Engineers who care about the open culture of the web should recognize that the threats to that culture come not only from Digital Enclosure by large, private companies of the most important pieces of the web.
They should also recognize the risks of Technical Enclosure, and the non-technical value of the #ViewSource affordance in perpetuating the open culture of web development.
The slides and transcript from a great talk by Maggie Appleton, including this perfect description of the vibes we get from large language models:
It feels like they’re either geniuses playing dumb or dumb machines playing genius, but we don’t know which.
Of course, users can learn over time what prompts work well and which don’t, but the burden to learn what works still lies with every single user. When it could instead be baked into the interface.
Imagine a collaboratively developed, universal content style guide, based on usability evidence.
A very handy guide to considering privacy at all stages of digital product design:
This guidance is written for technology professionals such as product and UX designers, software engineers, QA testers, and product managers.
The primary goals of this strategy are to inform decision-making and enhance the success of accessibility-related activities within the GOV.UK Design System team.
Interestingly, accessibility concerns are put into two categories: theoretical and evidenced (with the evidenced concerns being prioritised):
- Theoretical: A question or statement regarding the accessibility of an implementation within the Design System without evidence of real-world impact.
- Evidenced: Sharing new research, data or evidence showing that an implementation within the Design System could cause barriers for disabled people.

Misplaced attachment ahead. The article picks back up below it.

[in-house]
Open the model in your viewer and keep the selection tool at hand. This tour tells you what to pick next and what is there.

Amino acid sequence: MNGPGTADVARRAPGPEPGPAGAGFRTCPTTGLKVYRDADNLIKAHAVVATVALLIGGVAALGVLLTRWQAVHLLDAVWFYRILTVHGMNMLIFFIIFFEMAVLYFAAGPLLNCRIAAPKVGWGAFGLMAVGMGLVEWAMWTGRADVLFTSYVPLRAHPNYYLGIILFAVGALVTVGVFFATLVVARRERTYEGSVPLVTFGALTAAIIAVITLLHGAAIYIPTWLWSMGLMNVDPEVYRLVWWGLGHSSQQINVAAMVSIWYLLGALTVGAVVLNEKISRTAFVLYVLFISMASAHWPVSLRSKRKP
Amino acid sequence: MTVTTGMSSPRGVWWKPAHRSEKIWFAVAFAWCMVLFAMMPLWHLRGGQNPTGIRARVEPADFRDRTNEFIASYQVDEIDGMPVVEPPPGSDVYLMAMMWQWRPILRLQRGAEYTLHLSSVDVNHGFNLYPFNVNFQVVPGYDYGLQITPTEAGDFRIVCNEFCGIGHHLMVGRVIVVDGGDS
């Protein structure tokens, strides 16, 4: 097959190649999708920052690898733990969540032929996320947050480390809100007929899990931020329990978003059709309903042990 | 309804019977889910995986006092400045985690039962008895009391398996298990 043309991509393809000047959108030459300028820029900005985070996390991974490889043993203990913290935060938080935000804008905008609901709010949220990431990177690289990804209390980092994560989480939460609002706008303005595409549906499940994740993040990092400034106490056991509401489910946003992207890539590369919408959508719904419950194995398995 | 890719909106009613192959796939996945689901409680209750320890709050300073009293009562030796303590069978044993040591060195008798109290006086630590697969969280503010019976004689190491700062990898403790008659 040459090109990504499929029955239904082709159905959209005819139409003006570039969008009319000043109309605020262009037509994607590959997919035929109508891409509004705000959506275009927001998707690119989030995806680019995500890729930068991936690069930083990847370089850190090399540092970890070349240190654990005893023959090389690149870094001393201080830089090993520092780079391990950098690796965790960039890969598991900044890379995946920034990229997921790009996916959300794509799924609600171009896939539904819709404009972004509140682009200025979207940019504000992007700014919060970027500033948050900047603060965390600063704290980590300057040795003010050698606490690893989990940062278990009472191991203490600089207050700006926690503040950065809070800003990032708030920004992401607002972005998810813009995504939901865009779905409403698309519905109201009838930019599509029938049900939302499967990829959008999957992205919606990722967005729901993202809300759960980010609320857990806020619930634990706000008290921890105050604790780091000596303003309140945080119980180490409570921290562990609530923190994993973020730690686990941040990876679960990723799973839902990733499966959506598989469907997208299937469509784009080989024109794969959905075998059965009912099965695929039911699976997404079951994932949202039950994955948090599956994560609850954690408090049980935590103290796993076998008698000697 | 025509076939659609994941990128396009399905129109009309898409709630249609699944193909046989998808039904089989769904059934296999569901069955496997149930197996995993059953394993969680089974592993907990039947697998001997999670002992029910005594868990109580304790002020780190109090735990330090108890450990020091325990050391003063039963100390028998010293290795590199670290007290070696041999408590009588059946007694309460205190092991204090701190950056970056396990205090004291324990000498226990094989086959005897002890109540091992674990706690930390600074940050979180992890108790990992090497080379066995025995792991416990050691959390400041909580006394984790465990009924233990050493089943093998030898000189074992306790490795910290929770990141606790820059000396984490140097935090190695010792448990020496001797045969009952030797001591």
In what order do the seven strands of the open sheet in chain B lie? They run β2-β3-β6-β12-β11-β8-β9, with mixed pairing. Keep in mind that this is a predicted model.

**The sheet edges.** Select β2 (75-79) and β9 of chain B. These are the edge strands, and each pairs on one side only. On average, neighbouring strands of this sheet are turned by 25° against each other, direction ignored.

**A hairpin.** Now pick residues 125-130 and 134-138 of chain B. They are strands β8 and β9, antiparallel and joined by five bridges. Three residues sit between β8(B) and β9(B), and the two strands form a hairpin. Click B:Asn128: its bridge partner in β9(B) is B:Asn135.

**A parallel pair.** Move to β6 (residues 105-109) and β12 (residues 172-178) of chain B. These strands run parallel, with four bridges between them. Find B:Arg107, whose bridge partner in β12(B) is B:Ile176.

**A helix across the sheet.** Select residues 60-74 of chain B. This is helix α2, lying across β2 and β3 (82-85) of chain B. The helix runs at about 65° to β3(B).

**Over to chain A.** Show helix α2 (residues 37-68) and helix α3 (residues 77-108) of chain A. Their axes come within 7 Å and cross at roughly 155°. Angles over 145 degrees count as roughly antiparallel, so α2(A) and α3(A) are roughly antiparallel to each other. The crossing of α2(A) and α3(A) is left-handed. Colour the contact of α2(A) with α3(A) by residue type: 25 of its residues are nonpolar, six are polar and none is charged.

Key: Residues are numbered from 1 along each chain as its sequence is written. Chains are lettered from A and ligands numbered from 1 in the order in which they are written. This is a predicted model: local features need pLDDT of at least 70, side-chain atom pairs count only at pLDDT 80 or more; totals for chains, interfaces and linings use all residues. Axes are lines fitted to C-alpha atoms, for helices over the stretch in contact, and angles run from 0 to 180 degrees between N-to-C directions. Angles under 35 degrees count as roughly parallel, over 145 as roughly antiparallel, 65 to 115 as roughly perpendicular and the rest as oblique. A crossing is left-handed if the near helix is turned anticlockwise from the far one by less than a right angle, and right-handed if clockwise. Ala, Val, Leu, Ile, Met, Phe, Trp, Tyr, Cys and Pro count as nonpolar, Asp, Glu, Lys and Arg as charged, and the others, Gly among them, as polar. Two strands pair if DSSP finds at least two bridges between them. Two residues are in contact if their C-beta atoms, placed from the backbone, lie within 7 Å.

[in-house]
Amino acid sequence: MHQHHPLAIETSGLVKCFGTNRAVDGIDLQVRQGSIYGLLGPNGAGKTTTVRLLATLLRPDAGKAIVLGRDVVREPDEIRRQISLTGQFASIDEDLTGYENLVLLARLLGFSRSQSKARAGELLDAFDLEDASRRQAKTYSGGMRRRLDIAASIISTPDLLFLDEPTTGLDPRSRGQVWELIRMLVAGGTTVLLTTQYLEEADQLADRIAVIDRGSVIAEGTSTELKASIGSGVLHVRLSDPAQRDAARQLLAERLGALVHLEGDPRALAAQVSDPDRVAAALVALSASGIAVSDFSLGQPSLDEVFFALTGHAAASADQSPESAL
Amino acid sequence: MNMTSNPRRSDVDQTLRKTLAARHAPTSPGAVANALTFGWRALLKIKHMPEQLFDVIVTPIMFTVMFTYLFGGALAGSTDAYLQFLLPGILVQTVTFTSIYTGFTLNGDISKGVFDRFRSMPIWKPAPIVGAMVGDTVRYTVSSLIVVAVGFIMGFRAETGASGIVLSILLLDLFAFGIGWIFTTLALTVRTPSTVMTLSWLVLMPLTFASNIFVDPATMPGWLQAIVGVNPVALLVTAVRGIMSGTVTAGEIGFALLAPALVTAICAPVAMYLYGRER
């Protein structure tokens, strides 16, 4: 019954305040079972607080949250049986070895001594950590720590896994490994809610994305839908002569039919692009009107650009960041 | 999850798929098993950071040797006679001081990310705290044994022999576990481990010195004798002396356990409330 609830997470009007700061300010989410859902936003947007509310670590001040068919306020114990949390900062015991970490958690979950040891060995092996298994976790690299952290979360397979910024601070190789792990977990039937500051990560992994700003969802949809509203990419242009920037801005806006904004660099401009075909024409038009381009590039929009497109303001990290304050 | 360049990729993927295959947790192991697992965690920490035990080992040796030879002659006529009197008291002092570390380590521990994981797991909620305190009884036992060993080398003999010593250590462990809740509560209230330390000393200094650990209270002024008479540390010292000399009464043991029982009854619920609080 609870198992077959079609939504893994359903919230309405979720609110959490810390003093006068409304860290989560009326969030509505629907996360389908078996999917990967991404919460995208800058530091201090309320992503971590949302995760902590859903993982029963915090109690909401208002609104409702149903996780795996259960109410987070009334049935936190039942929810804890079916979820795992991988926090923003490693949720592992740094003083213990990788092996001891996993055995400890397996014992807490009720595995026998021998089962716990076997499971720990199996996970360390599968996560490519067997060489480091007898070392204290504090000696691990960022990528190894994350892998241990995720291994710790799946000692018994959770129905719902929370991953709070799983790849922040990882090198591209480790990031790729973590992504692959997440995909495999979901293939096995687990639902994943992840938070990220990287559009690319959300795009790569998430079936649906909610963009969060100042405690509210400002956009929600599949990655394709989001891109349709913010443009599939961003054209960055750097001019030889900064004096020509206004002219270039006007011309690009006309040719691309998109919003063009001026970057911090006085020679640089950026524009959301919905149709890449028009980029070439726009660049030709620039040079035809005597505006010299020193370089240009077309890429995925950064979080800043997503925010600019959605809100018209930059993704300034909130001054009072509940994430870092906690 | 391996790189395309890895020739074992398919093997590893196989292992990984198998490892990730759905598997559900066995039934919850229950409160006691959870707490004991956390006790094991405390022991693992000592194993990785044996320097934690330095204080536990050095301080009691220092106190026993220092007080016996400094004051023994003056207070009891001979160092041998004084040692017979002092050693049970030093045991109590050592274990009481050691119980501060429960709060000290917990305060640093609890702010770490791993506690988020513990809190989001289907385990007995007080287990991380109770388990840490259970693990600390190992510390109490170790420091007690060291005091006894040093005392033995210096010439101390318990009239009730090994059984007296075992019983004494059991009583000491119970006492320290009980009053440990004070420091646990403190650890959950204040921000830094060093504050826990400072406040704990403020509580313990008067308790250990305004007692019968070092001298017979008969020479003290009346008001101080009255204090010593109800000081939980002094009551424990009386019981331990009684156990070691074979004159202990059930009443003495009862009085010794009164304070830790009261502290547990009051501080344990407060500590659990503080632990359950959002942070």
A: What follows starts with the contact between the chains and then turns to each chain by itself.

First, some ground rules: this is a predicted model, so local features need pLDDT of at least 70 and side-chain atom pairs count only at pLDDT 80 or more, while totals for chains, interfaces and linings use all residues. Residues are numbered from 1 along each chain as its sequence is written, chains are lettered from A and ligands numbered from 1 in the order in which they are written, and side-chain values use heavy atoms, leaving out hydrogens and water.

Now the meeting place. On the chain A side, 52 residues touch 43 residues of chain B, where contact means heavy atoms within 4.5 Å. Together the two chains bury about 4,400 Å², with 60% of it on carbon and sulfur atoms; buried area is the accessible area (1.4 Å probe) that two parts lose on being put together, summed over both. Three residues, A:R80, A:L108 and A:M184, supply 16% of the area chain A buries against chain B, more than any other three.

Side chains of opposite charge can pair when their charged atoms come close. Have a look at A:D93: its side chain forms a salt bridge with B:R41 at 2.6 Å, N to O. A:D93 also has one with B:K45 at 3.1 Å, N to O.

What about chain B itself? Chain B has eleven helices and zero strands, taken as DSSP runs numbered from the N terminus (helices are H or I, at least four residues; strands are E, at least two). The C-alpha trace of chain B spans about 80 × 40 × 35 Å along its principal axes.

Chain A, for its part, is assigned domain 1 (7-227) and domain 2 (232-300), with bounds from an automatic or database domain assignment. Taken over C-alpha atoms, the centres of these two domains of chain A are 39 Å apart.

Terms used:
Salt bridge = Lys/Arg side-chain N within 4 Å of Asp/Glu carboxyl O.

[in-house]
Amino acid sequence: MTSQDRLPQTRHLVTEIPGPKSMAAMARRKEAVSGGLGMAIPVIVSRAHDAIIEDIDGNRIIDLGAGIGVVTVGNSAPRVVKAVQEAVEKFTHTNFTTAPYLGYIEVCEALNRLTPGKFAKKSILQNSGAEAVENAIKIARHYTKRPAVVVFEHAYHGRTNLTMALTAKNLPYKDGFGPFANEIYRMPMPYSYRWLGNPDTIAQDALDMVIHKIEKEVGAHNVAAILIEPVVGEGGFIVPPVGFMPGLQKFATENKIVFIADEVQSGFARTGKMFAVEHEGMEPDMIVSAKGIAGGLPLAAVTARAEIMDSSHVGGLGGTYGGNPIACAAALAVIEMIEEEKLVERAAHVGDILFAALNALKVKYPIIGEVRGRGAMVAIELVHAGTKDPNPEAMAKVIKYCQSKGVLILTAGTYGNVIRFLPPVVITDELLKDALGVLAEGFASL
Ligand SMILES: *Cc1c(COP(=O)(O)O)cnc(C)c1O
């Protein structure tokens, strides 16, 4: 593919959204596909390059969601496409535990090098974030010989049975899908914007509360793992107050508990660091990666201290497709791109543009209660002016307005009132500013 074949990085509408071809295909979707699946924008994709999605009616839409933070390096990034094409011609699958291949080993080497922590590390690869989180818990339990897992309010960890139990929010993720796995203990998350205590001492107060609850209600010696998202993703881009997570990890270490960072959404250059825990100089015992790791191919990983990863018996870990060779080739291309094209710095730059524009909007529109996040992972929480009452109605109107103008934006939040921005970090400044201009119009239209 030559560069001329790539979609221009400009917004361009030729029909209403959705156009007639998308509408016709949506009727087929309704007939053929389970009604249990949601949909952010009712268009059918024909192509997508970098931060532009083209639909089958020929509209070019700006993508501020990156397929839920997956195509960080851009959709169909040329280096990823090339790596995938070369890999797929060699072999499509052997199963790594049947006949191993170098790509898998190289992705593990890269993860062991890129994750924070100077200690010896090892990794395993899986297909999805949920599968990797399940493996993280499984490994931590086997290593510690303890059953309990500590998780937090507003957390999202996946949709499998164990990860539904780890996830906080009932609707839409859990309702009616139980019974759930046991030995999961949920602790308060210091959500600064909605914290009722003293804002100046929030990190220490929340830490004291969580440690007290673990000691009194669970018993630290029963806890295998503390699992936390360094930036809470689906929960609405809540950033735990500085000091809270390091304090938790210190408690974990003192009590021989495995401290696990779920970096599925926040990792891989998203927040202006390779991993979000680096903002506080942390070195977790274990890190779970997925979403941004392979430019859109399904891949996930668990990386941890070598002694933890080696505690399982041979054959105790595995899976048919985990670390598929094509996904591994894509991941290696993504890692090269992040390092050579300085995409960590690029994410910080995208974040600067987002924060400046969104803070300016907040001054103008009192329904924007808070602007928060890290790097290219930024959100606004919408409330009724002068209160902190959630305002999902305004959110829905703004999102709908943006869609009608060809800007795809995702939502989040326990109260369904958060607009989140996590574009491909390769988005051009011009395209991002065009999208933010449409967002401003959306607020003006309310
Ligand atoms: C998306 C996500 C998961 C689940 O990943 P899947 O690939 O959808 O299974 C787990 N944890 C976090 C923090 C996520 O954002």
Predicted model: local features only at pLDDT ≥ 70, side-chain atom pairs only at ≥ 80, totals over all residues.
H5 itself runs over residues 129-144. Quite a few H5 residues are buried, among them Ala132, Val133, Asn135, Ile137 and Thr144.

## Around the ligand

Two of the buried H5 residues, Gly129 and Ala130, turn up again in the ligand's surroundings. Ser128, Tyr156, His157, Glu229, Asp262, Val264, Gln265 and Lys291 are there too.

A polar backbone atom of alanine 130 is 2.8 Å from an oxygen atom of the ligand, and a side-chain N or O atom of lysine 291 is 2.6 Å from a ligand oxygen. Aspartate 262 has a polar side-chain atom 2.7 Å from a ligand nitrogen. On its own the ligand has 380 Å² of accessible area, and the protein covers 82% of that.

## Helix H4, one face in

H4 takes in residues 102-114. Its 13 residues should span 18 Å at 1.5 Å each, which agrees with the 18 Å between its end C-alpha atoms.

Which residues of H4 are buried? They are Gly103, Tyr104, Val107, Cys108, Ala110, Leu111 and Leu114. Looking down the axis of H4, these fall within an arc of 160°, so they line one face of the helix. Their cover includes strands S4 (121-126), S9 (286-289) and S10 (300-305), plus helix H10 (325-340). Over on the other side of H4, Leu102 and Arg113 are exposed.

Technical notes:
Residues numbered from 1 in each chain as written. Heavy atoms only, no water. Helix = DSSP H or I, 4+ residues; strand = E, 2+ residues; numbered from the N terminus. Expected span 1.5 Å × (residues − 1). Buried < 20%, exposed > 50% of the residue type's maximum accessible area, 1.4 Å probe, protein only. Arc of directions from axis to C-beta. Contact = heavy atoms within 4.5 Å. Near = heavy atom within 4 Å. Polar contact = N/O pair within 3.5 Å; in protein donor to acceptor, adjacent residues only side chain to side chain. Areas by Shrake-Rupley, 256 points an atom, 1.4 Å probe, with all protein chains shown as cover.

We can’t control systems or figure them out. But we can dance with them!
- Get the beat.
- Listen to the wisdom of the system.
- Expose your mental models to the open air.
- Stay humble. Stay a learner.
- Honor and protect information.
- Locate responsibility in the system.
- Make feedback policies for feedback systems.
- Pay attention to what is important, not just what is quantifiable.
- Go for the good of the whole.
- Expand time horizons.
- Expand thought horizons.
- Expand the boundary of caring.
- Celebrate complexity.
- Hold fast to the goal of goodness.
Flat, minimalist, clean, material - whatever you want to call it - is an annoying antipattern. Computers are here to make life easier for humans. Removing affordances is just a nasty thing to do to your users.
The evolution of affordances on the web:
The URL for a page goes at the top. Text appears in a vertically scrolling column. A dropdown menu has a downward-pointing triangle next to it. Your mouse cursor is a slanted triangle with a tail, and when you hover over a link it looks like Mickey Mouse’s glove.
Most of these affordances don’t have any relationship to the physical characteristics of the interaction they mediate. But remove them from a website, application, or interface, and users get disoriented, frustrated, and unproductive.
Six UX lessons from game design:
- Story vs Narrative (Think in terms of story arcs)
- Games are fractal (Break up the journey from big to small to tiny)
- Learning loop (figure out your core mechanic)
- Affordances (Prompt for known loops)
- Hintiness (Move to new loops)
- Pacing (Be sure to start here)
Bringing gradients back, baby!
This is going to be a handy reference to keep on hand whenever you want a button to actually look like a button.
Some good tips on public speaking from Dan.
Add your moonwalk to the collection.
Here's Dan's latest project (and of course it looks gorgeous). I've been testing it for a while before the official launch and it's really sweet. Best of all, there is no sign up. All the interaction happens through Twitter. Clever.
I can only see the dancer going clockwise. Jessica saw anti-clockwise at first but was then able to change direction. I can't do that.
A nice overview of avoiding clutter in web design. It's not just about whitespace; the number of edges and gradients can also add up to an undifferentiated design.
This looks crazy! Everyone is dancing to the beat of a different drum... I mean, iPod.
Dan has redesigned. Or maybe that should be realigned. Either way, it feels just perfect. Talented bastard.
Based on this sneak peak, it sounds like that Dead Can Dance disc I ordered is going to be very good indeed.